A compensation study says Colorado Springs Utilities CEO Jerry Forte (pictured) should get an 85 percent raise, to $622,000 a year.
The Utilities Personnel Committee, composed of three City Council members, isn't going that far. Still, the committee has recommended Council bump Forte's pay by 48 percent — to a total of $498,000 annually.
The hike would take effect next month. Council was to vote on the issue Tuesday afternoon, after the Independent went to press.
Such a large raise is sure to stir criticism from ratepayers, who have seen water rates go up 12 percent per year for several years and soon will see hikes in gas and electric costs that will raise the typical residential customer's bill this year by $3 a month.
The Personnel Committee, composed of Jan Martin, Merv Bennett and Don Knight, cites a study by Milliman consulting firm of Seattle that shows Forte's compensation of $276,750 base pay and $58,000 in incentive pay is 45 percent below the market's 50th percentile.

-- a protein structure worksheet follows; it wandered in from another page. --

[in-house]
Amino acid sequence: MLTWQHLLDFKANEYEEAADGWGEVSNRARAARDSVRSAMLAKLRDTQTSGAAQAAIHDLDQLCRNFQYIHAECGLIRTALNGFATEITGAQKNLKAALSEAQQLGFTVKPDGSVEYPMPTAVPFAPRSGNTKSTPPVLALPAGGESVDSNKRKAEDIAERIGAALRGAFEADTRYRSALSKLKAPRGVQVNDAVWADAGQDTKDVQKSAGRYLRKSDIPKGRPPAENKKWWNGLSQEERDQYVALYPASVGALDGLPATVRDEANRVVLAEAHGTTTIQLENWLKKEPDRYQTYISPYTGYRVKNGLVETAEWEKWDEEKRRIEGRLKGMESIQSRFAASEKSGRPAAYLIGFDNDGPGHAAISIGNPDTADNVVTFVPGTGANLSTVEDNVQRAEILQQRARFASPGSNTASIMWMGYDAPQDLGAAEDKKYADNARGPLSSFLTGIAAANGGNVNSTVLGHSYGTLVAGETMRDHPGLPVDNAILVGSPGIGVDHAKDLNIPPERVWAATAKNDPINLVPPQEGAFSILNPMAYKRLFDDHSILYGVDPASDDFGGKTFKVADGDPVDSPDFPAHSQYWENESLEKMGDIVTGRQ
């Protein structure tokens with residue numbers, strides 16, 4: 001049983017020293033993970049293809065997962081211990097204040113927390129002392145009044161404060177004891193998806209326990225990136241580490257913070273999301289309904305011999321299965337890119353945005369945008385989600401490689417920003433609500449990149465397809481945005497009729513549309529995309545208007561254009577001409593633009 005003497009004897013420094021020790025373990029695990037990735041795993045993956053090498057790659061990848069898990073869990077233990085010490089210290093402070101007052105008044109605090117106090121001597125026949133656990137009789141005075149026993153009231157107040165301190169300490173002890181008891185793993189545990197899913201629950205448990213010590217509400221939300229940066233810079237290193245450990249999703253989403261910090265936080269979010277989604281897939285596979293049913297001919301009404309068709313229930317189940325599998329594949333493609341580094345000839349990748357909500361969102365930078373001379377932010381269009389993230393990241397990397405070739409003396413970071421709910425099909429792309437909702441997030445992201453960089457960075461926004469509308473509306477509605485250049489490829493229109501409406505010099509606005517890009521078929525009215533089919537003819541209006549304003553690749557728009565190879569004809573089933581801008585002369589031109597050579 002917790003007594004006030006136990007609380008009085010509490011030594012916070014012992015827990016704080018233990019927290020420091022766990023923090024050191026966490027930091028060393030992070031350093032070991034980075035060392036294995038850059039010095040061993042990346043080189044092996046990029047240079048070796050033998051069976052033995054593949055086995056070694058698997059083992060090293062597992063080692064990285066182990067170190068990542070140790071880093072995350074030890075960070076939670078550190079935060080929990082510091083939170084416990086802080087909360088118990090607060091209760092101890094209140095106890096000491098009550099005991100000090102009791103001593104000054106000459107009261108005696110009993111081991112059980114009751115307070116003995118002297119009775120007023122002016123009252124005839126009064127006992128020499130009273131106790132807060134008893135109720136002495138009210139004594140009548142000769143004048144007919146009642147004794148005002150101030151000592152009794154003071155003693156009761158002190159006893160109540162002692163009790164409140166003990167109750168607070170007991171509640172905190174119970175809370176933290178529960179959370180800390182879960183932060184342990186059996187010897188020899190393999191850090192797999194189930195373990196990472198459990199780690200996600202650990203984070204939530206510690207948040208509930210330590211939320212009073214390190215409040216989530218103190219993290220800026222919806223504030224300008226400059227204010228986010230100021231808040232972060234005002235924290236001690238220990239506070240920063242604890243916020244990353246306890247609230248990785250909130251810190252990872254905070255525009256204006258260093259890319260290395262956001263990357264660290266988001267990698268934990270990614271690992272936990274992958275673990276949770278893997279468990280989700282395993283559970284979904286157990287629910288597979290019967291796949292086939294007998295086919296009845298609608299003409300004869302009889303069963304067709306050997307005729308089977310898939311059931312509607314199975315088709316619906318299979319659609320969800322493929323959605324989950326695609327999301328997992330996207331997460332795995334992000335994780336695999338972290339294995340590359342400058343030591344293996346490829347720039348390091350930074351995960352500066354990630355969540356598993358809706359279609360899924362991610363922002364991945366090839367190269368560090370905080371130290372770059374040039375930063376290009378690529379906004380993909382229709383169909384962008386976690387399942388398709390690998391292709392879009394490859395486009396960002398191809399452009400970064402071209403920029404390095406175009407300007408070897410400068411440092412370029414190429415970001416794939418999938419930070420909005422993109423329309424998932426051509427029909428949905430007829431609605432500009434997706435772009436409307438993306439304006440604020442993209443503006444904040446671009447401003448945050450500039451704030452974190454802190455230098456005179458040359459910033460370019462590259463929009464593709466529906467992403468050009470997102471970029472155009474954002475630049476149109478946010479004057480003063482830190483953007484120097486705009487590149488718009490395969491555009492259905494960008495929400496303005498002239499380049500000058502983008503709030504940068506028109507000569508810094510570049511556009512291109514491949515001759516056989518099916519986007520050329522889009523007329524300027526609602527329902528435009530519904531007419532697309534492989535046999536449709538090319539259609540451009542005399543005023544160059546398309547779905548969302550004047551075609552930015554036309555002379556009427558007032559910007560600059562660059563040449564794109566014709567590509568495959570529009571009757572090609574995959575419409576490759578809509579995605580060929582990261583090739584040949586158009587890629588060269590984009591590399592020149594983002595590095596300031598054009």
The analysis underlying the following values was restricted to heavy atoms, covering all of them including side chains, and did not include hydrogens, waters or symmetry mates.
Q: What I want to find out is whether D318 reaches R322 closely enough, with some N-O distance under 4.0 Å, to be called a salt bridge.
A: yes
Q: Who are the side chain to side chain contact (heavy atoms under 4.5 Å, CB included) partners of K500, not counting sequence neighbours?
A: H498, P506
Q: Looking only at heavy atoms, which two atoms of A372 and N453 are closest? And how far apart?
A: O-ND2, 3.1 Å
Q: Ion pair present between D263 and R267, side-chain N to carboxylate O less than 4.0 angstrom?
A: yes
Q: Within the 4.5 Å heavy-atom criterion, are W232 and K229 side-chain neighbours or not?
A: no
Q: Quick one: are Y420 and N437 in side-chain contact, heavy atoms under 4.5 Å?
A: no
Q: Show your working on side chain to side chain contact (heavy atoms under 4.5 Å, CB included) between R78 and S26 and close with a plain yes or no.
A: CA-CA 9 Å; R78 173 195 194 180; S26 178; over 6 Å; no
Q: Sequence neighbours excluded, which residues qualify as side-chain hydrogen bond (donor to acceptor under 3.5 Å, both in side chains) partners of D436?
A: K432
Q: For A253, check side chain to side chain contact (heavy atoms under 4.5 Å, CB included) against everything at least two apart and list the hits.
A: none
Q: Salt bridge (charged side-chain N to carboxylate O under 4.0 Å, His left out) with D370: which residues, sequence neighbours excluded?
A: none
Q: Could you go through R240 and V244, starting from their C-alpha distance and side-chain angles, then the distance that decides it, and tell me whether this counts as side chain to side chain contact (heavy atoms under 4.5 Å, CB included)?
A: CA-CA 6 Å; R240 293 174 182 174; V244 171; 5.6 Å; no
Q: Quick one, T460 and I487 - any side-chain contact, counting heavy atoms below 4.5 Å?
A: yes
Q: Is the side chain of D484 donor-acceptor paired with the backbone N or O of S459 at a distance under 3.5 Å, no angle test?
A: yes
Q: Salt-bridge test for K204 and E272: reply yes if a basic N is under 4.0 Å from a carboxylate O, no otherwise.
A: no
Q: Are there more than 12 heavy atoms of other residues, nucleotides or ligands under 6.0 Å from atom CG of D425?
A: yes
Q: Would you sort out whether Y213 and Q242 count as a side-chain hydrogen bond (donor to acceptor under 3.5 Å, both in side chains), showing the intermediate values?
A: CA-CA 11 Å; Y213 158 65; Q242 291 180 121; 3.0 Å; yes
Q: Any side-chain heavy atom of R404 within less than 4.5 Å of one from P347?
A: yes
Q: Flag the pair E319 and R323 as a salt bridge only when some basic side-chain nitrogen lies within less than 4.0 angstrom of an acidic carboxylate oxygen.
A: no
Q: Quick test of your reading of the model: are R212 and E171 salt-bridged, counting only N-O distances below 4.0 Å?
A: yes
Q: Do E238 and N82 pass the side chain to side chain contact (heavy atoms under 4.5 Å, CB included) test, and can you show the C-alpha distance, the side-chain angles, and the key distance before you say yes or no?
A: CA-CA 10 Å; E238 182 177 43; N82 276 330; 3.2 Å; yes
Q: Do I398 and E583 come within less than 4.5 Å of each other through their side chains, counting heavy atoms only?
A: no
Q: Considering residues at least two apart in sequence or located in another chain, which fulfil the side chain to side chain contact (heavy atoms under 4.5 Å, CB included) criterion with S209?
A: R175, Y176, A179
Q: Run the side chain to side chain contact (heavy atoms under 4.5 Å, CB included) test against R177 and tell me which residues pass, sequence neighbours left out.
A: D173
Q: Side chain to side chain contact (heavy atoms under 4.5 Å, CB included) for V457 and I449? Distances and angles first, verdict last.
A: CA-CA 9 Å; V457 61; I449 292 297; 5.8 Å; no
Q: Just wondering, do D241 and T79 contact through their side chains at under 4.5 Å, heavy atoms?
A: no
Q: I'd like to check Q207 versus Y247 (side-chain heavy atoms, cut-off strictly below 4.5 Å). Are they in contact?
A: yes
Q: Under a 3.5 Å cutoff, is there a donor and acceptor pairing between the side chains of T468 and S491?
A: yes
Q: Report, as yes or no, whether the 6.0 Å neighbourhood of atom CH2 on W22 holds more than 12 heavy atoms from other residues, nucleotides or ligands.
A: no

Forte's raise would lift his base pay to $447,175 and add $26,400 a year to fund his post-retirement health insurance, and another $25,000 a year for two years to assure he stays that long.
"I think the community is really at risk of losing the top executives through retirement," Martin, who chairs the personnel committee, says in an interview. "It's important to keep our CEO here for two years as we transition through leadership."
Energy officer Bruce McCormick retires next month, and water officer Gary Bostrom is in his 35th year with the city and is eligible to retire, as is Forte.
Martin says Utilities is ranked among the top 10 utilities in the nation for reliability, reasonable rates and customer service. "That comes with good leadership," she says. "Organizations don't reach that level of stature without good leadership." She also notes that she believes government should be run as a business, and that to do that, the CEO's pay should be raised.
Councilor Andy Pico, who was endorsed for his 2013 Council bid by Utilities employees, supports the raise. "It is clear from the study that we are significantly below the market in executive compensation," he says via email.
No Council members commented on the proposed raise during a briefing at Monday's Council work session.